Sandy’s Effect on the Election
by The Milton Measure on Friday, November 16th, 2012
Although it hit almost two weeks ago, Hurricane Sandy, the largest Atlantic hurricane on record, remains vivid in many Americans’ minds. Taking more than 110 lives and, by a Time Magazine estimate, costing the government $60 billion, Hurricane Sandy continues to affect the day-to-day lives of many. But while the aftermath of the hurricane is still unfolding, the 2012 Presidential Election has come and gone. Did the destructive storm impact the outcome of the race?
After the hurricane devastated New Jersey and New York on October 29th, Obama, pursuant to his role as President, acted decisively in coordinating relief efforts and visiting storm ravaged areas. These moves, while not overtly political, seem to have had some affect on the polls. According to FiveThirtyEight, Nate Silver’s political forecasting blog, Obama’s chances of winning the Presidential Election rose from 73% to 86% after the hurricane hit. Mostly East Coast states were affected by Sandy, and election results showed that every East Coast state, except for North Carolina, South Carolina, and Georgia, voted for Obama. These results, however, are almost entirely coincidental, particularly since New York, New Jersey, and most of the Northeast have supported Democratic candidates for the past six Presidential elections.
But another factor could have affected the election’s outcome. The hurricane focused attention not only on Obama’s leadership, but also on a crucial topic that was not brought up in either of the three presidential debates in this election: global warming.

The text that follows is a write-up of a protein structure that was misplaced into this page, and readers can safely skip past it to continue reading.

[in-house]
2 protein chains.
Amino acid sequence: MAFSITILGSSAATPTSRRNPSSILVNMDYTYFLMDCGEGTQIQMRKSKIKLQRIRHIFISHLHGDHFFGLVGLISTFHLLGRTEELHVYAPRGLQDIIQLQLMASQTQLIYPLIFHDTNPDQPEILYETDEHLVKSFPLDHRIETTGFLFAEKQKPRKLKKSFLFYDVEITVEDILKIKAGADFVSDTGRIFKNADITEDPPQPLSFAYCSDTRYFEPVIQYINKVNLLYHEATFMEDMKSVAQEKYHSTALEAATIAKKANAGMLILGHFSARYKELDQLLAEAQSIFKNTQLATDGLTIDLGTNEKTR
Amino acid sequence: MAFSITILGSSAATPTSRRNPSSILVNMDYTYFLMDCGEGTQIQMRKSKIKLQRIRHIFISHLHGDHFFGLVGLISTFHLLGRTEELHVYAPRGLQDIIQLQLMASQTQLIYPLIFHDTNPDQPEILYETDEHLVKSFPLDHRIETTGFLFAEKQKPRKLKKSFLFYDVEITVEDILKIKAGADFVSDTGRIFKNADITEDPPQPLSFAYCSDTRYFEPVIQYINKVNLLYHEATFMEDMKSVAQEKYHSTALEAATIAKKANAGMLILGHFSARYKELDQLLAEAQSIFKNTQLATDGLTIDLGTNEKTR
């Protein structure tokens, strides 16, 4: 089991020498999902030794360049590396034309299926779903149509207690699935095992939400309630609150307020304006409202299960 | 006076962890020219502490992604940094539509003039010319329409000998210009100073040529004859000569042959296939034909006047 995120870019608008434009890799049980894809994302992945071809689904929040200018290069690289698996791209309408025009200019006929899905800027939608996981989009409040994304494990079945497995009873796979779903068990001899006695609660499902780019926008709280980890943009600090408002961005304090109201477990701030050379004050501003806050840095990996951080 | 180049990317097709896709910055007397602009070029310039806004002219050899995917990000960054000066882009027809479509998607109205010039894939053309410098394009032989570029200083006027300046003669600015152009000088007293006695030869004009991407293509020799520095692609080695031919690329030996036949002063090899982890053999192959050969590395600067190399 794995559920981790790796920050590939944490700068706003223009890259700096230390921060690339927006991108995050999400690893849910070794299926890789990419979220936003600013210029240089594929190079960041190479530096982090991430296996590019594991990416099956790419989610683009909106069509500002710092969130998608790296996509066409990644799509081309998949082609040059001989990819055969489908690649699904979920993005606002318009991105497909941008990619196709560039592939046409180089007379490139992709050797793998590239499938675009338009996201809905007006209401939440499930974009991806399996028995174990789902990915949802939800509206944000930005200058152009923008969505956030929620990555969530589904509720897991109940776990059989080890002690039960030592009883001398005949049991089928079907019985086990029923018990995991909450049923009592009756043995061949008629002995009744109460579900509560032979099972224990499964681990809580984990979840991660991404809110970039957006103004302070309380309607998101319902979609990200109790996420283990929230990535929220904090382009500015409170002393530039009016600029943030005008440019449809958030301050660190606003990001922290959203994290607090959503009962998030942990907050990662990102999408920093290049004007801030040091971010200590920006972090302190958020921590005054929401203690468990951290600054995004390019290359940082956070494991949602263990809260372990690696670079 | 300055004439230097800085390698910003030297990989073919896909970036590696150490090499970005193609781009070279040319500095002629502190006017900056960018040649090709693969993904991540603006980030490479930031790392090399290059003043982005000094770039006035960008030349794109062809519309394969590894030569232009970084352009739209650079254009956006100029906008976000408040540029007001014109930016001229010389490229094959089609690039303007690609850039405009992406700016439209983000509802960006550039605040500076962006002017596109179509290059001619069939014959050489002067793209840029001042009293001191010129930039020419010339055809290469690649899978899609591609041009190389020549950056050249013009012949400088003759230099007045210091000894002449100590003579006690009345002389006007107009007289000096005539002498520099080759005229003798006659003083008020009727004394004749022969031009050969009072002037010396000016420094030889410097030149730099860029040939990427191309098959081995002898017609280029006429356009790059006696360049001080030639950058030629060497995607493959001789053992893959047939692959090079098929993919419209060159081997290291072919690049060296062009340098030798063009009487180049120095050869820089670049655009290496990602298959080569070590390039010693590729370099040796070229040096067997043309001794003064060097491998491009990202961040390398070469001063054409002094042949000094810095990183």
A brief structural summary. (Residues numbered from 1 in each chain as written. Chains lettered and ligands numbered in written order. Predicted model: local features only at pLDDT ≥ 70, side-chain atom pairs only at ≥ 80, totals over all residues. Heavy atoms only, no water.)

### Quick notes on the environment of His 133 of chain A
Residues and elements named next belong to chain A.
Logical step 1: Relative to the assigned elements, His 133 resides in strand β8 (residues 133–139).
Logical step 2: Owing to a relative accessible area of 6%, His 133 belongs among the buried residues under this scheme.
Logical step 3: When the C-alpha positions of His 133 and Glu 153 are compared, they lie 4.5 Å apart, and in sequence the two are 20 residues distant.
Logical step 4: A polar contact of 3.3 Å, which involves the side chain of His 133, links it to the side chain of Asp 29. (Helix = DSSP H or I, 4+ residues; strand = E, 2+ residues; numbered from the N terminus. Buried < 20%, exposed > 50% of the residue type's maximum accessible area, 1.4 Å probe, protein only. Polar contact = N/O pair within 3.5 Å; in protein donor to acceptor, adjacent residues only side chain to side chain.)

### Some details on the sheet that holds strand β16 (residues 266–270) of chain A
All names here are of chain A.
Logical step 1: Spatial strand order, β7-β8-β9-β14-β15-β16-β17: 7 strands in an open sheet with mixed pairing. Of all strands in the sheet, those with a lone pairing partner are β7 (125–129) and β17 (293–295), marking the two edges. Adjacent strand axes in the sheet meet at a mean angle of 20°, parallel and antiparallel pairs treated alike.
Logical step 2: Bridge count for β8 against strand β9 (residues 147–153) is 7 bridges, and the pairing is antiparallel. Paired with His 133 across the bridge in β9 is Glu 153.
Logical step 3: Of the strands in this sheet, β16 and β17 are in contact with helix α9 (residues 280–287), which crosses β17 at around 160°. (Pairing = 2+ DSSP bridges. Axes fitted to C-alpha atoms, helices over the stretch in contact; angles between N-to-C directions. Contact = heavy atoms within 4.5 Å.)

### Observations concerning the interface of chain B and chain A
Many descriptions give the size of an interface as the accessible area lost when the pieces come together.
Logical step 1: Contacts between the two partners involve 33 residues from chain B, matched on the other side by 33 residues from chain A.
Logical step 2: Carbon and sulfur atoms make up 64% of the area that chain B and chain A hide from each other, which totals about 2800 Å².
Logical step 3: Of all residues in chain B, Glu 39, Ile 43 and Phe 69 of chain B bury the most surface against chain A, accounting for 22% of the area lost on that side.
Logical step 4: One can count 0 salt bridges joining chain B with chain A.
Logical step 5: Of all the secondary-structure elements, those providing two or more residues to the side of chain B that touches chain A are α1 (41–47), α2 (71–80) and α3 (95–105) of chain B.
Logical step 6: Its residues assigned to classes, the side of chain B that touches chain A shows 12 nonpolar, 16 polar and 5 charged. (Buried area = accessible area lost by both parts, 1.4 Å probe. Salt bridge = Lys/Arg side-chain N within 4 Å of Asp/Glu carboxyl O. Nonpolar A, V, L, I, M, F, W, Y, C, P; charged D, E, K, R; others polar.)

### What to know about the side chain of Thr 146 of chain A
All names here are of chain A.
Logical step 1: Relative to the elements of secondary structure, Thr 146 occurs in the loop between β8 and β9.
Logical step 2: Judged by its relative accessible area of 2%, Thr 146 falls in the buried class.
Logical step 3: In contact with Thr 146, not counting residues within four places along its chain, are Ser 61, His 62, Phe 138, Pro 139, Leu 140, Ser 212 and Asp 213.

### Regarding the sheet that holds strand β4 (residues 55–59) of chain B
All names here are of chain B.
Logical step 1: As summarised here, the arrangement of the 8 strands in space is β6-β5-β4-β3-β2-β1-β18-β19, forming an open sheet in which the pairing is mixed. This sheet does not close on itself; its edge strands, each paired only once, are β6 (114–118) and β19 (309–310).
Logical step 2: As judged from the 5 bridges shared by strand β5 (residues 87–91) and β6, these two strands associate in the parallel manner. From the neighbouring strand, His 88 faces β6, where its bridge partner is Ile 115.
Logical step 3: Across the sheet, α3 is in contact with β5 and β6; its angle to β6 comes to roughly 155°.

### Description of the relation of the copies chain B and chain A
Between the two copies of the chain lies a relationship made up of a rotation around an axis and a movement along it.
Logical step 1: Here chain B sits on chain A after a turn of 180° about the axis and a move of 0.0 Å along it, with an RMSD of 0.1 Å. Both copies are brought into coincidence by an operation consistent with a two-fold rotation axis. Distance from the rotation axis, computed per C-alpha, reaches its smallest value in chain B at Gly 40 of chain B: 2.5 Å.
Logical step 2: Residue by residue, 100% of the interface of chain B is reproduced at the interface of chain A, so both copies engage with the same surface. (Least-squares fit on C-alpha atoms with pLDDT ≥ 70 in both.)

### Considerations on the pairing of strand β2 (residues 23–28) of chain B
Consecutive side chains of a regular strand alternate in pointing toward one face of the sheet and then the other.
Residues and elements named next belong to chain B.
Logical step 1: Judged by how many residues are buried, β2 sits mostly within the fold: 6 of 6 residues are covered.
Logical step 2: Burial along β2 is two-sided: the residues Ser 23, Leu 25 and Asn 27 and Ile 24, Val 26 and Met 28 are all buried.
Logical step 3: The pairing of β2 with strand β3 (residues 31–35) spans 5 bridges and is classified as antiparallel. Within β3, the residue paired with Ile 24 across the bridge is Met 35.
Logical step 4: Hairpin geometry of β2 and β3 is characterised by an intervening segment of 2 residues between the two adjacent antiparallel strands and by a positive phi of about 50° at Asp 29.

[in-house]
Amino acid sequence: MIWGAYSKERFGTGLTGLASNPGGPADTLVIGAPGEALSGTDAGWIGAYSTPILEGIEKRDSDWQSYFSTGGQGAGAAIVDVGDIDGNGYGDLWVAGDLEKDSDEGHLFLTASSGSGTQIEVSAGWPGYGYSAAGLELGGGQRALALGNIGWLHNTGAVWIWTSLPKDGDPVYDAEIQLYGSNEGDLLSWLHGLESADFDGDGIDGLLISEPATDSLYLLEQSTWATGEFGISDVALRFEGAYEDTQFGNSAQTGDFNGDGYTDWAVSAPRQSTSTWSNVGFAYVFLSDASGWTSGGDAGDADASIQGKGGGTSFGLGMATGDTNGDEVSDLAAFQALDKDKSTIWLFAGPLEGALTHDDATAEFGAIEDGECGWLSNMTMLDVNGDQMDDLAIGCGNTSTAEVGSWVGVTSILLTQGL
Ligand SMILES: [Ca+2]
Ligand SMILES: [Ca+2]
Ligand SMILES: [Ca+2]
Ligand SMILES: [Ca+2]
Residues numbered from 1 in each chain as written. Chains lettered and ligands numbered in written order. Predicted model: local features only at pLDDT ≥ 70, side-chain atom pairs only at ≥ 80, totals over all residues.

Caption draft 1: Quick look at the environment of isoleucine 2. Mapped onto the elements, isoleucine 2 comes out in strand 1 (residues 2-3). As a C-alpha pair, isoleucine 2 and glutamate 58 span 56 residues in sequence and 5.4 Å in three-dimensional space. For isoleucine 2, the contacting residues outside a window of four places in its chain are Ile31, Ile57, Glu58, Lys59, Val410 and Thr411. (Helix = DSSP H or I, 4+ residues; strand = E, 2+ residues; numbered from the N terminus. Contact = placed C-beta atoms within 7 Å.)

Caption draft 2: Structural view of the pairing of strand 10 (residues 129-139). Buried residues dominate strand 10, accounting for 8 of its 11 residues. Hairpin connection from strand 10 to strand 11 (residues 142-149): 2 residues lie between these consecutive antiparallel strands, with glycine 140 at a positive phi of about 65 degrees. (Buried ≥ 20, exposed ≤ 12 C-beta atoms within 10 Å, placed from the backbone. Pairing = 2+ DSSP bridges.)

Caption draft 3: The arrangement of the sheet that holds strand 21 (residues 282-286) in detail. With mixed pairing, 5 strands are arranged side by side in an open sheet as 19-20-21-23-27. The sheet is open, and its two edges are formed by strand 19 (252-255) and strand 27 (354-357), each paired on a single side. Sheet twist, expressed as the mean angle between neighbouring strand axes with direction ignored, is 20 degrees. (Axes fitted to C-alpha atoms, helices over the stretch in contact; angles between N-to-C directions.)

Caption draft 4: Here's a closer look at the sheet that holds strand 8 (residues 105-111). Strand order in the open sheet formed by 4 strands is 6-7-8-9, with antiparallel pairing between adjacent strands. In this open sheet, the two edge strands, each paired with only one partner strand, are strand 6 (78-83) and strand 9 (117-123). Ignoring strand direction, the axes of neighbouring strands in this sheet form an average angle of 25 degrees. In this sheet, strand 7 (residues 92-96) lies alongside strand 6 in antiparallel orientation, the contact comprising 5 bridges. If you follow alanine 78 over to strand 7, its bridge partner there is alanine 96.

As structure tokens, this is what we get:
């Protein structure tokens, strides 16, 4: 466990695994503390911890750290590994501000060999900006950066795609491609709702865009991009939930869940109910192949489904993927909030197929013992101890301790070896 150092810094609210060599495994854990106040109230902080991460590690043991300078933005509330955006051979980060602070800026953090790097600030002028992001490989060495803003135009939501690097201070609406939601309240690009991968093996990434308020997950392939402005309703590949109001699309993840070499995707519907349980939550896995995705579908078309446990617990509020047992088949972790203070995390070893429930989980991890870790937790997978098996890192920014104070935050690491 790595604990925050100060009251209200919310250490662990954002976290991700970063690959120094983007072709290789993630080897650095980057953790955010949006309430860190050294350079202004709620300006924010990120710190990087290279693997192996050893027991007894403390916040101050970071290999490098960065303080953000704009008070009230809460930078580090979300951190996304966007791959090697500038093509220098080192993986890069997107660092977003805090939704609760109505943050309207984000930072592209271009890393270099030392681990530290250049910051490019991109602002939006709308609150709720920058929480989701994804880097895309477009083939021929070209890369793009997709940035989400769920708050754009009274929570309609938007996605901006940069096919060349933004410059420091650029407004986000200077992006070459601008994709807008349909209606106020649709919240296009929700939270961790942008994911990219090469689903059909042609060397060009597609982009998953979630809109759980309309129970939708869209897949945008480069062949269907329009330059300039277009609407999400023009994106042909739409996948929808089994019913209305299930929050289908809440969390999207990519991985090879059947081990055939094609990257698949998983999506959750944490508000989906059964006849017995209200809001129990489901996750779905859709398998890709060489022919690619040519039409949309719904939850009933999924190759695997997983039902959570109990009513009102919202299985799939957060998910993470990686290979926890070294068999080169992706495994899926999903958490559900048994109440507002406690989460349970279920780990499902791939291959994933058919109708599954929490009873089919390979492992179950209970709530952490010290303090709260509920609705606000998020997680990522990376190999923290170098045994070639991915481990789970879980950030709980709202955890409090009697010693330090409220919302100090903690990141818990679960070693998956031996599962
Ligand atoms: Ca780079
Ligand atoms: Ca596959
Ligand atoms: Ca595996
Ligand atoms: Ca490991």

Climatologist Michael Mann of Pennsylvania State University stated that “sea surface temperatures off the East Coast also contributed to the flooding [from Hurricane Sandy]. Giving rise to above-average levels of water vapor, they helped intensify the storm and produce more rain.” Contributing to the sudden awareness of the link between global warming and Hurricane Sandy, Mayor Bloomberg of New York “jumped off the political sidelines [on November 1] to make a sudden, eleventh-hour endorsement of President Obama, all because of Hurricane Sandy,” as reported by the NY Daily News.
The surprise of Bloomberg’s endorsement shows how seriously he feels about the growing issue of global warming, which may have become more important to voters in the wake of the storm. The fact that global warming was not a topic of discussion in any of the three debates left open the question of which candidate could best address the changing climate issue. Mayor Bloomberg’s decision to endorse Obama may have had a strong influence on voters, especially centrists whom he claims to represent.
Although the storm made it difficult for many of those affected to leave their streets, it did not dampen voter turnout for the election. Wisconsin’s Leader-Telegram reported that “election day turnout was heavy Tuesday in several storm-ravaged areas in New York and New Jersey.” The damage done by Sandy may have even motivated residents to vote, as a symbol of perseverance through adversity. Residents who “braved 29 degree temperatures as they lined up” to vote proved that elections retain their importance through natural disasters. Though Sandy destroyed towns as well as lives, it gave citizens a chance to see another side of our re-elected President.
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